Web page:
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War Taxation Some Comments and Letters   By: (1867-1934)

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First Page:

War Taxation

Some Comments and Letters

OTTO H. KAHN

1917

War Taxation

Contents

Some Comments Pages 7 to 42

Letters

I THE INCOME TAX Pages 43 to 60

II RETURN UPON TAXABLE AND TAX EXEMPT SECURITIES Pages 61 to 70

War Taxation

The recent publication of a little pamphlet entitled "Some Comments on War Taxation" elicited numerous interesting comments by the readers. The points to which these comments mainly related were the statements contained in the pamphlet that:

First. If our neighbor Canada continues her present policy of not taxing incomes, or if she imposes only a moderate tax while rates of income taxation in America are fixed at oppressively and unnecessarily high rates, there can be little question that the ultimate result will be an outflow of capital to Canada, and that men of enterprise will seek that country.

Second. Moneyed men not having their capital engaged in active business, if they are so constituted that their consciences permit them to evade their share of monetary sacrifice, can put their funds into tax exempt securities.

In reference to the foregoing points, I have written two letters in answer to correspondents. These letters contain an elaboration of certain arguments and viewpoints set forth in the original article on War Taxation and also refer to some additional phases of the subject. Those who have done me the honor of perusing that article may possibly be interested in reading these letters.

In order that they may be presented as a part of the argument as a whole, the original article with a few additions and slight revisions is printed in the first part of this pamphlet, followed by the letters.

O. H. K.

52 William Street, New York, July 5, 1917.

SOME COMMENTS ON WAR TAXATION

This is a reprint, somewhat amplified, of an article printed recently in the New York Times. The original article was written before the recommendations of the Ways and Means Committee of the House of Representatives were reported.

In a time of patriotic exaltation and of universal obligation and readiness to make great sacrifices to bring a most just and righteous war to a successful conclusion, the voice of sober argument and matter of fact considerations is apt to grate upon the ears of the people.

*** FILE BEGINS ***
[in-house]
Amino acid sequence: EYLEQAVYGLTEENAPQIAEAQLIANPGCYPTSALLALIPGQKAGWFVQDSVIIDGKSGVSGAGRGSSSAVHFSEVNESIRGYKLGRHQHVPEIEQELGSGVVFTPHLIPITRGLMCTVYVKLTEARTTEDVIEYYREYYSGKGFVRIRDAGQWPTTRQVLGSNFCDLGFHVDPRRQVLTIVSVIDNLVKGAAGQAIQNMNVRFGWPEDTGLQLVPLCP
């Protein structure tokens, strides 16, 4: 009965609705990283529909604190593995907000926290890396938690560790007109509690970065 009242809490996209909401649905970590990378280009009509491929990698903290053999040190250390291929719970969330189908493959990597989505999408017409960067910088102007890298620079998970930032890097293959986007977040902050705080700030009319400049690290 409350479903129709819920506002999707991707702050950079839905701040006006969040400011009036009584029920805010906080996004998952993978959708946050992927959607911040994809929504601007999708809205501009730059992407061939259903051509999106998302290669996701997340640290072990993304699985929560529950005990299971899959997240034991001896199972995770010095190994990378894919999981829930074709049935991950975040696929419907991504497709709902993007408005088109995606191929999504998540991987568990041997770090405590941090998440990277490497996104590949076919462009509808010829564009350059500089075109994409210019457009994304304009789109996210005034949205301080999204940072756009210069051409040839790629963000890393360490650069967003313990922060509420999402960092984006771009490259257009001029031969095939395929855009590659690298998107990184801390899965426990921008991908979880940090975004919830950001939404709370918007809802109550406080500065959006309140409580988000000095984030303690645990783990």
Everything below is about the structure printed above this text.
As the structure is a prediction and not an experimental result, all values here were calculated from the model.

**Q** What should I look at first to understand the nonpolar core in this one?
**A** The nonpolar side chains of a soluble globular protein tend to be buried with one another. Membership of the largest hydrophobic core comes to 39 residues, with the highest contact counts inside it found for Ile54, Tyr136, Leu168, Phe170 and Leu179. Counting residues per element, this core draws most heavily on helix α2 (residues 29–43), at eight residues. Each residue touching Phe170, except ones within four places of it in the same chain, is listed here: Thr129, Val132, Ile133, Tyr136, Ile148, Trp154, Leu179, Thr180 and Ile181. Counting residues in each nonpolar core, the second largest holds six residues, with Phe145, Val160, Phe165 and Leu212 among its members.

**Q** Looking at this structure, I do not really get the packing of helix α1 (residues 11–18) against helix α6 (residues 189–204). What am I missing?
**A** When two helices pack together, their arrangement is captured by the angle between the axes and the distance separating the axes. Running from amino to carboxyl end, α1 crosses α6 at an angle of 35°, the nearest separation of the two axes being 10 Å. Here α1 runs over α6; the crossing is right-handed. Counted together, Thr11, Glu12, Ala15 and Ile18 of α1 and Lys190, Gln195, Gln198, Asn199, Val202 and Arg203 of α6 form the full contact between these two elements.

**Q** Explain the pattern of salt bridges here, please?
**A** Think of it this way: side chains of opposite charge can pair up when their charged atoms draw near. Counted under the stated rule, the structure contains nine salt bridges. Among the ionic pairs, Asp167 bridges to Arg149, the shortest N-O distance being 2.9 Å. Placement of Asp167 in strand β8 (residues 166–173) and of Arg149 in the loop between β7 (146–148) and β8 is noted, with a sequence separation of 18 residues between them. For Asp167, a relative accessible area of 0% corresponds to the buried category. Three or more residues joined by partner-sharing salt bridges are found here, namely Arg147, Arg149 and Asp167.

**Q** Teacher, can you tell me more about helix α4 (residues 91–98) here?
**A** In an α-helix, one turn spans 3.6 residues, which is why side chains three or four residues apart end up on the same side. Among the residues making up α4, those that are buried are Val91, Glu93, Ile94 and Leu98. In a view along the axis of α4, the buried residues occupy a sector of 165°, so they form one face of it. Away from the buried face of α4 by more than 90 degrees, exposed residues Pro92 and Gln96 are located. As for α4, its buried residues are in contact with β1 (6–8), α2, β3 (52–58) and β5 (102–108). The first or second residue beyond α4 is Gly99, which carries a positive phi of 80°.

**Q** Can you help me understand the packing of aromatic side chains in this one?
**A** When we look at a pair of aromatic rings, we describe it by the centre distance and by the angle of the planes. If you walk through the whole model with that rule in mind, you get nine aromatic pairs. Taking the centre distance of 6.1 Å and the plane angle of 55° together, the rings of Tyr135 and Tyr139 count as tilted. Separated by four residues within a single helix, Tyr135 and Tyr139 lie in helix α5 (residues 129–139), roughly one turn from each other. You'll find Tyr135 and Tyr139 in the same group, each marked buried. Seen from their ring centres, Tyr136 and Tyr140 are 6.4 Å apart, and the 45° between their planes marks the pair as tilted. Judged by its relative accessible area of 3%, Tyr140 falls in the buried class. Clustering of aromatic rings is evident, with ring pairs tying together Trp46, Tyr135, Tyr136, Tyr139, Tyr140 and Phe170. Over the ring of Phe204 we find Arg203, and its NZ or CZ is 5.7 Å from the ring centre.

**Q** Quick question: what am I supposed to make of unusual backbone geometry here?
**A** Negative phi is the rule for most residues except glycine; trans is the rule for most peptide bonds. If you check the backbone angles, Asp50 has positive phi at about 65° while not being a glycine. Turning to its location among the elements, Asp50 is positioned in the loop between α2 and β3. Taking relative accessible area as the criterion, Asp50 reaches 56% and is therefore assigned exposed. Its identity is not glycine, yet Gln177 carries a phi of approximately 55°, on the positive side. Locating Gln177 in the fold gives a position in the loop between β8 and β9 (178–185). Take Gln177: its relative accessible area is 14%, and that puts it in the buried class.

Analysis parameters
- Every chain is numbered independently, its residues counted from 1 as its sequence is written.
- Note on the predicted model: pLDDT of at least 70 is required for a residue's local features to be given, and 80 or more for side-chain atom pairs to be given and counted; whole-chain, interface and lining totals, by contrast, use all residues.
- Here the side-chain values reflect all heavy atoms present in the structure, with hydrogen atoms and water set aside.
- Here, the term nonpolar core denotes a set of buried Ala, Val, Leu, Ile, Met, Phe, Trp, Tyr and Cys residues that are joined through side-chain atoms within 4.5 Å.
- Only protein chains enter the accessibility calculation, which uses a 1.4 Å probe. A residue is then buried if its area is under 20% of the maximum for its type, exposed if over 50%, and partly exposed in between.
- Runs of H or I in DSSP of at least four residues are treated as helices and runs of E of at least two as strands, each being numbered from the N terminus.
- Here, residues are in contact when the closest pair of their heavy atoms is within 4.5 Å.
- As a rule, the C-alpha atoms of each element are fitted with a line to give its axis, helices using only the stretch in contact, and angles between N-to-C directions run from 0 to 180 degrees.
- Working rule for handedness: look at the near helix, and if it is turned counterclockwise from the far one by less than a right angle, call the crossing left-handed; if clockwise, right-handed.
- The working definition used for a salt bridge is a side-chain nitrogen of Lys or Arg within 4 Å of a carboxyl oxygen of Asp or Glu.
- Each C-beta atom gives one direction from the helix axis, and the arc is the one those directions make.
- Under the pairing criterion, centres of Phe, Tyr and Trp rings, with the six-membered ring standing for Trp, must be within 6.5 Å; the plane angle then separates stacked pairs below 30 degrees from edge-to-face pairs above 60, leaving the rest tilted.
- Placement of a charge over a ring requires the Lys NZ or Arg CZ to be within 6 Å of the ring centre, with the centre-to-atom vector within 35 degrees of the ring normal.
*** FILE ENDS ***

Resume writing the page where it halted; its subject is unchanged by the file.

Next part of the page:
That voice is all the less likely to be popular when the arguments it puts forth may easily lend themselves to the interpretation of being actuated by solicitous care for selfish interests.

I am fully aware that by publishing the following observations I am exposing myself to that interpretation and to criticism of, and attack upon, my motives.

Yet, seeing that certain measures now under consideration threaten to take shape in a way which, from my practical business experience and after mature deliberation, I am bound to regard as faulty and as indeed harmful to the country, I believe it to be right and proper to contribute my views to the public discussion of the subject, for whatever they may be worth.

I can only hope, then, that in what I am going to say I shall be given credit for endeavoring to speak conscientiously and to the best of my knowledge and judgment from the point of view of the welfare of the entire country and not of the welfare merely of the well to do.

I shall address myself to the practical aspect and to a few phases only of the question and shall not attempt to enter into the economic theories and the broader and deeper considerations involved.

I shall assume in my argument that what Congress is seeking to accomplish is to impose taxes justly, effectively and scientifically with the desire to disturb the country's trade and commerce as little as possible and to avoid as much as may be the evils of financial dislocation.

I shall take it for granted that at a time when more than ever the unity of the country should be emphasized, sectional selfishness will find no place in the taxation program, and that, should it be attempted nevertheless, the congressional delegations of the States which would be unjustly affected, would resist, regardless of party affiliations, harmful discrimination against their constituents and their States... Continue reading book >>




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